The first phase of the program lasts two months, with the men and later the women in their own group, attending Bible study seven nights a week.
Following the boot camp phase, they move into the second phase.
“They can go to work and stay for six months in our second phase home, which is like a transitional home is what the world would call it, and they do some chores, attend some Bible studies.”
Men work at the thrift store. And they help members of the community.
“The Bible says, ‘thou who stole, steal no more, but work with your hands so you can be a blessing to somebody else,” Tucci said. “So what we do is from 8 in the morning until about 3 in the afternoon, we go out and serve the community. We help widows who’ve lost their husbands and can’t do their lawn maintenance anymore, or they need construction. We had a call today. Somebody needs a faucet replaced. There’s just different things we do for people in the community.”
Payson is a good place for the men to find ways to help.
“In this community, it’s not just the widows, it’s also the elderly who can’t get around as much as they used to,” he said. “They call people and they can’t get anyone to come out for two months. And even then (workers or companies) cancel appointments. Right now we’re booked about two weeks, but we try to be flexible to their needs more than our needs.”
Tucci said they need more room for the 12 men currently in the program and others who could join and contribute positively to the community.
“That’s why we’re trying to get a bigger ranch so we can take more, because there certainly is a need,” Tucci said.
Half the profits from the thrift store sales go to the men’s ranch so that they can expand and help more people. The other half is split evenly, with 25% going into an escrow account for the women’s ranch and the other 25% to help the homeless.
Mayor Tom Morrissey believes in the program.
The proposed women’s ranch is needed here, just like the men’s program, said Tucci.
“There’s a need for women (who are) coming off drugs or (recently) out of jail,” he said.
And Morrissey has made helping shelter the homeless one of his key efforts.
“We’re going to try to work with the homeless coalition and the mayor’s vision,” Tucci said. “Instead of a handout to the homeless, (we want) to give them a hand-up, give them some training, give them some employment.”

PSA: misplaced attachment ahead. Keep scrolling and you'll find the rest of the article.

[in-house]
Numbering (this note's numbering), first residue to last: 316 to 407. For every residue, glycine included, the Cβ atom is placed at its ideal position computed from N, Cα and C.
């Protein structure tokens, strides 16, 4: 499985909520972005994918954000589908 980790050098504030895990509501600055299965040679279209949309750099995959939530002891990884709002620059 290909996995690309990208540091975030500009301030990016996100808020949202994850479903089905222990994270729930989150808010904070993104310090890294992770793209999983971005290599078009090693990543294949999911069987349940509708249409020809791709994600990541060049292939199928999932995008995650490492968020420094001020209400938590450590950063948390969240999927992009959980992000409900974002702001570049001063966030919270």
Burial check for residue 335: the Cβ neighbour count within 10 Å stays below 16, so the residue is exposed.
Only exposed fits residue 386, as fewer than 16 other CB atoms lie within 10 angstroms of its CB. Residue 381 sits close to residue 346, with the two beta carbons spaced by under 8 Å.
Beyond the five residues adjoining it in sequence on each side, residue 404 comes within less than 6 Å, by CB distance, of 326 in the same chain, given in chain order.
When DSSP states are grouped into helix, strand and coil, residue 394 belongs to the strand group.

The merchandise they sell at the thrift store was donated to them by community members thanks to help from several Rim Country churches.
“Just two weeks ago we said, ‘hey, we’re going to start a thrift store and about seven churches got together and said they wanted to help,” Tucci said.
Some donated money. Others donated merchandise from couches to just about anything you can think of for the thrift store to sell.
“So, we’re getting lots of donations,” Tucci said. “And that’s what I love because it’s the community working together.”
Tucci said helping people in the community is a key to U-Turn For Christ.
“This is not a business just to make money,” he said. “We’re gonna make a little bit of money, but this is a business to serve the community. People come in and we pray for them. People come in and say ‘I have a need — my weeds after the rain are two feet tall, can you please come?’
“Sure, we’d love to come.”
It can be challenging to field all the requests.
“My Google calendar is full,” he said. “I get 60 calls and 20 or 30 text messages a day. I like staying busy, so it’s OK for me.”
Tucci said the men and later women need this program.
“Discipleship id from the word discipline,” Tucci said. “The Bible says God disciplines the ones he loves. So what I like to say is the discipleship is one beggar telling another beggar where the bread is. That’s all it really is.”